Think of it this way: Textbooks get you off to a great start, but they’ll never take you to the finish line because they were never designed for that. They were made for a specific purpose and that is to tell you flat out what the rules of the language are. They are instructions for action. Textbooks presuppose action. Reading and rereading? That’s not action.
Some language learners use textbooks as a means to escape the actual work of speaking the target language. They put in the hours, cooped up inside their rooms, reasoning that when they’re ready, when they get all the vocabulary and the grammar rules down, then they’ll open their mouths. I can really relate to this feeling, having been once very much like this—procrastination and all.
Well, I’ve since learned better.
You don’t need to finish a textbook cover to cover before you actually get dirty. You can read a little, then get to work on that specific material immediately. Work on it by chapter, for example. If the chapter is about prepositions, then practice them as soon as you finish the chapter. For instance, describe the location of objects in your room in the target language. Don’t just write this, say it! And repeat it a dozen times during the rest of your day, when you go out, when you see a vase on top of a table, when you see a boy inside a car, when you get your shoes from behind the door. Begin to think (and talk) in the target language.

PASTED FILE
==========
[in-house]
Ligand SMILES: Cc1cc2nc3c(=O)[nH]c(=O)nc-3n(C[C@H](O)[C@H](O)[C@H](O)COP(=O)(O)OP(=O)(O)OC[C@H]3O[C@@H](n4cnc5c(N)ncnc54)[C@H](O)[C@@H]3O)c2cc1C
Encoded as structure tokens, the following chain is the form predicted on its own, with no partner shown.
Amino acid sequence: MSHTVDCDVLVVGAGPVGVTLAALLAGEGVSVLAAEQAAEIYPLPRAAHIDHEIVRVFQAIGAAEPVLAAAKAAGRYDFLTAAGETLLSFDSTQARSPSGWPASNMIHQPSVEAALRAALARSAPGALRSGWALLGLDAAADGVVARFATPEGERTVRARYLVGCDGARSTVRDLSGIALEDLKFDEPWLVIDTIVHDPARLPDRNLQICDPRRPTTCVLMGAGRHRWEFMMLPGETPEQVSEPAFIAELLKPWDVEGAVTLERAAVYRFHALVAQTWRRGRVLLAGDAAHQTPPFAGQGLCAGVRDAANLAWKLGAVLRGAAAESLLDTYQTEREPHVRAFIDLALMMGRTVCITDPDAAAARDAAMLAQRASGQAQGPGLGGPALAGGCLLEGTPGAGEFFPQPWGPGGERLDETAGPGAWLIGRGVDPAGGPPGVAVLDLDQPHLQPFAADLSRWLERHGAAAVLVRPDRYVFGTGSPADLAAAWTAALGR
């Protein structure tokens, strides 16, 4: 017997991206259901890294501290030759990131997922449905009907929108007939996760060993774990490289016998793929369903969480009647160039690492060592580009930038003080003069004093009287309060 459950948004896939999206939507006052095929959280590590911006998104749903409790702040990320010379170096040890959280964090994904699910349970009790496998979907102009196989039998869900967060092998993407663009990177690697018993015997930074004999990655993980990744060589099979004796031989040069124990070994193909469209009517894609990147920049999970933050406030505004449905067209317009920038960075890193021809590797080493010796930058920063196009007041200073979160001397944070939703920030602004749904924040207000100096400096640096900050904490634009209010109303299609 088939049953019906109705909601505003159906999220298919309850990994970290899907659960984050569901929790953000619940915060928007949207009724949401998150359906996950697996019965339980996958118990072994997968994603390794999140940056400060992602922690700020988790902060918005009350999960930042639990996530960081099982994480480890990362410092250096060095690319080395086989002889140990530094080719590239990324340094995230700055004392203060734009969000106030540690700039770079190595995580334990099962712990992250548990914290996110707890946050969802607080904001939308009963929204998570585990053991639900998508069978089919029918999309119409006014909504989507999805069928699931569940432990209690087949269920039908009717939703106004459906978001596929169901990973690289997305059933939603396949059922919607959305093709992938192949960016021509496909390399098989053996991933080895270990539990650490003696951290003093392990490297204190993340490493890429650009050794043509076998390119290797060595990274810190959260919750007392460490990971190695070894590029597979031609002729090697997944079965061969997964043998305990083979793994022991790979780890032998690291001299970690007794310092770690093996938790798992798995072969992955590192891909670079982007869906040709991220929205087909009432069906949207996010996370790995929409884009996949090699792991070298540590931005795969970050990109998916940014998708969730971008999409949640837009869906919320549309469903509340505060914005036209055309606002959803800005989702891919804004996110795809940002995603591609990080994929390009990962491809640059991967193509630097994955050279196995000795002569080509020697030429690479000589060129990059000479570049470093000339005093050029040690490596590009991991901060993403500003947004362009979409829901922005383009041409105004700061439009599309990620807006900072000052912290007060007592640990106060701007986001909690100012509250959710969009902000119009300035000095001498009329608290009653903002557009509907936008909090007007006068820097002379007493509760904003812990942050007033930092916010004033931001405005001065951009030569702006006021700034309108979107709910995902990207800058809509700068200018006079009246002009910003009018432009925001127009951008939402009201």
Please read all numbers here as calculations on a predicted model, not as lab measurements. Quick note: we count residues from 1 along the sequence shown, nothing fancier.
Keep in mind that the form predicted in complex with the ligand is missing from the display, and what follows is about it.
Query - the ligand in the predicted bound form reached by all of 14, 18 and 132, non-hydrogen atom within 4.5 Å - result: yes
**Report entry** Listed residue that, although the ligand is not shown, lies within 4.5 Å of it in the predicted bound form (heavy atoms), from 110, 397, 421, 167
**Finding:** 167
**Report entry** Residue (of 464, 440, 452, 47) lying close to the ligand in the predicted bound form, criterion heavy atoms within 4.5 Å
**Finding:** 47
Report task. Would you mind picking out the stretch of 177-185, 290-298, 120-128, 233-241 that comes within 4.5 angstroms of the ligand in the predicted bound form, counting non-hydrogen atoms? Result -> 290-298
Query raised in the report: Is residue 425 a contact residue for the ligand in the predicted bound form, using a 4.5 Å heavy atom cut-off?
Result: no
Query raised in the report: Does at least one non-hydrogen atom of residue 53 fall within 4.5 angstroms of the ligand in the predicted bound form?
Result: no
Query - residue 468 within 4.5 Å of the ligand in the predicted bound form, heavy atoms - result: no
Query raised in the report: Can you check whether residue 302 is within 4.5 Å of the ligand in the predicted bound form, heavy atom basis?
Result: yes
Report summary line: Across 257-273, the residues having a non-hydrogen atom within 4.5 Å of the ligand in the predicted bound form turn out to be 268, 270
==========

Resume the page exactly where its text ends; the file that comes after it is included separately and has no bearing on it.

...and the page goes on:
That’s how you put your textbook to work. That’s how you take it as far as it can go.
That said, and now with a little appreciation for textbooks, where do we go looking for them? Here’s your top six sources for these babies.
Language Textbook Central: 6 Textbook Sources You’ll Love
Head on over to Amazon and you’ll see that the Living Language materials are consistent bestsellers, perennially topping their particular language categories.
Living Language is an imprint of Random House, one of the biggest paperback publishers in the world. The self-study language outfit currently offers material for more than 20 languages, including American Sign Language and Dothraki, the artificial dialect created for the hit series “Game of Thrones.”
Living Language, developed by language experts from the U.S. State Department for America’s diplomats and overseas-bound personnel, has been around for over 65 years. The Living Language Method rests on four philosophies that are reflected in every Living Language textbook:
- Build a Foundation. Your native language will be used as a bridge to your target language. Through direct translation and a bit of memorization to start the ball rolling, learners will be given some basic and essential words (vocabulary) that are to be used and practiced from Day One.